Two Plead Guilty in Immigrant Smuggling Scheme

A man and woman pleaded guilty Monday to taking part in a smuggling scheme that resulted in the deaths of 19 illegal immigrants abandoned in a sweltering truck trailer.

Abelardo Flores (search), 34, and Fatima Holloway (search), 29, agreed to testify if needed at trials stemming from the nation's deadliest immigrant-smuggling attempt. They pleaded guilty to conspiracy charges.

They could get up to life in prison and a fine of $250,000 each, but prosecutors agreed to recommend lesser sentences. Sentencing was set for July 12.

Prosecutors said Flores recruited a New York man, Tyrone Williams, and paid him $7,500 to drive the tractor-trailer. Holloway was accused of being in the truck driving by Williams in May and lying at a border checkpoint when she told authorities the trailer was empty.

The trailer was carrying some 70 illegal immigrants from Mexico, Central America and the Dominican Republic being smuggled from the Rio Grande Valley to Houston.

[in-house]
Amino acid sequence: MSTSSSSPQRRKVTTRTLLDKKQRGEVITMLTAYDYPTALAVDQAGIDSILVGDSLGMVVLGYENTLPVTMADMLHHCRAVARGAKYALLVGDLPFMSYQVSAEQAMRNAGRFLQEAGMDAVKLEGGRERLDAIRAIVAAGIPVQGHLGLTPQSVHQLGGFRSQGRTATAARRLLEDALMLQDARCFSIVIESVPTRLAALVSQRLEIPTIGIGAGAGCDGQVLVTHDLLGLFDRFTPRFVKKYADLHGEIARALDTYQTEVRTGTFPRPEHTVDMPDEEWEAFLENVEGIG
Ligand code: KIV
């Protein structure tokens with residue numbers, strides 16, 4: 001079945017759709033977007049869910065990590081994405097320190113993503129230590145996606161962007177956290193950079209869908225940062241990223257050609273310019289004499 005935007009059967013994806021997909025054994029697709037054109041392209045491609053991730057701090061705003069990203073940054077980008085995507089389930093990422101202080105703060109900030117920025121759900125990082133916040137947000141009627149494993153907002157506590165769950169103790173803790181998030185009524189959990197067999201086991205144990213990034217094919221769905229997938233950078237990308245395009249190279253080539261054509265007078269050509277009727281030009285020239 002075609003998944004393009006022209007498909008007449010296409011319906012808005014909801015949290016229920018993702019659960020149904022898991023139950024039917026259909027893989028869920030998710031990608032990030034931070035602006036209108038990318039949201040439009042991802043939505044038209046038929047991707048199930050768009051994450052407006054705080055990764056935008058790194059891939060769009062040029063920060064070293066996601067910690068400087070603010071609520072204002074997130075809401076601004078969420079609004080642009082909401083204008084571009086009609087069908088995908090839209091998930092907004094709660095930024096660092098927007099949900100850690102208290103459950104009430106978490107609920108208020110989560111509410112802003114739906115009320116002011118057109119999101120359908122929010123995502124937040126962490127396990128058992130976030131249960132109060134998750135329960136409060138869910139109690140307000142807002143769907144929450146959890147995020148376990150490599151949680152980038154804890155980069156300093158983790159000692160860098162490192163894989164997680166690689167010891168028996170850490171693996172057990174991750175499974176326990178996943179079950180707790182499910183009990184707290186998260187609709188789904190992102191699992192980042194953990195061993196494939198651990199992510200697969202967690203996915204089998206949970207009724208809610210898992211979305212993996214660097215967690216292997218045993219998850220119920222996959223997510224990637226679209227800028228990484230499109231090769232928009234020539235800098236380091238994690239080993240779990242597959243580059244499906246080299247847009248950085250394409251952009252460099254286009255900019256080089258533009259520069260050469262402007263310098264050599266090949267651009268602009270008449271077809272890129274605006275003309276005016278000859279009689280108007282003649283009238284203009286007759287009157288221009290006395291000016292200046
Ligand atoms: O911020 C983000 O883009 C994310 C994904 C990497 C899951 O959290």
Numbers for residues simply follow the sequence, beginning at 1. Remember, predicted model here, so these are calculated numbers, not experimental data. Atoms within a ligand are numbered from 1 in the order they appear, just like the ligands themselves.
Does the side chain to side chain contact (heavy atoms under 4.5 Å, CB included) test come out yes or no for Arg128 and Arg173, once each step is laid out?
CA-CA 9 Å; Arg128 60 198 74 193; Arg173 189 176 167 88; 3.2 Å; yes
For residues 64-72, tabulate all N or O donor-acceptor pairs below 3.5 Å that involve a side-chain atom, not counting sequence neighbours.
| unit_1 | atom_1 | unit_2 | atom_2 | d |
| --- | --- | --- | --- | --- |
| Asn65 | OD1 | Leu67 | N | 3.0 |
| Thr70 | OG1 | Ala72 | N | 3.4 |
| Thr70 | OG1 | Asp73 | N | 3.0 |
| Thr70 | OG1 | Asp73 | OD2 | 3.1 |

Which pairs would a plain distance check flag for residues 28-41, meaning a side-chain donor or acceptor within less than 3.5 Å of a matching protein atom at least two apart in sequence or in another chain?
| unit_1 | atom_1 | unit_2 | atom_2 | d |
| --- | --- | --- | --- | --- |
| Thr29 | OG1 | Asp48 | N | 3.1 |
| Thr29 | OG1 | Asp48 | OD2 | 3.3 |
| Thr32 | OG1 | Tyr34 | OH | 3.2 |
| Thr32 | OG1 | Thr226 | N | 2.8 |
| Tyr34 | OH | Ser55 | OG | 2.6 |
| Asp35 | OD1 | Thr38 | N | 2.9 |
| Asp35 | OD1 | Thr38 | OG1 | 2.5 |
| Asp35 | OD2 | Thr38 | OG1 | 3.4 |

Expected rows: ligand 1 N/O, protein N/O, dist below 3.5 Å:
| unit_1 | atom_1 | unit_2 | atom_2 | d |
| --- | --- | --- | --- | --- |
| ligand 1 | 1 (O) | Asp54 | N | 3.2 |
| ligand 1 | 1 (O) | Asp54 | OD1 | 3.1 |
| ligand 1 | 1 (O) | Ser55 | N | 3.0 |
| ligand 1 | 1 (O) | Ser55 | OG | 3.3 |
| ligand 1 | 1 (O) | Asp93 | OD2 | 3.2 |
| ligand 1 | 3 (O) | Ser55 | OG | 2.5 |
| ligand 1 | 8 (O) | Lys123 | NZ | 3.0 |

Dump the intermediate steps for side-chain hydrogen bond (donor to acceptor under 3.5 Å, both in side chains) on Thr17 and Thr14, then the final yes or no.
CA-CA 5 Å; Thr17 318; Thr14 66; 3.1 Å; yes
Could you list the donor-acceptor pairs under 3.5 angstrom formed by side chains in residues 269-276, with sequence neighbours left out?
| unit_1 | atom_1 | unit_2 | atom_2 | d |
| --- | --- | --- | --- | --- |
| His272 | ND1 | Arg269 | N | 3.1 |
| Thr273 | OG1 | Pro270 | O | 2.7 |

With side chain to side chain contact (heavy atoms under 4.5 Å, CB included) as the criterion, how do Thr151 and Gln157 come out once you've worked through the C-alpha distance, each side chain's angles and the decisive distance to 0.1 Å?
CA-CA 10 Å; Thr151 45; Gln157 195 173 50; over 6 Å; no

The immigrants began to succumb to the heat and the trailer was abandoned at a truck stop in Victoria, 100 miles southwest of Houston, on May 14.

Seventeen immigrants were found dead inside the trailer and two others later died. The victims, including a 5-year-old Mexican boy, suffocated or died from heat and dehydration.

Fourteen people were indicted last year on charges of harboring and transporting illegal immigrants. Nine were arrested, and five remain fugitives.

The alleged ringleader, Karla Patricia Chavez (search), a Honduran woman, is set to go on trial in November.

Williams, the truck driver, is the only defendant in custody facing a death penalty if convicted. He is scheduled for trial June 7.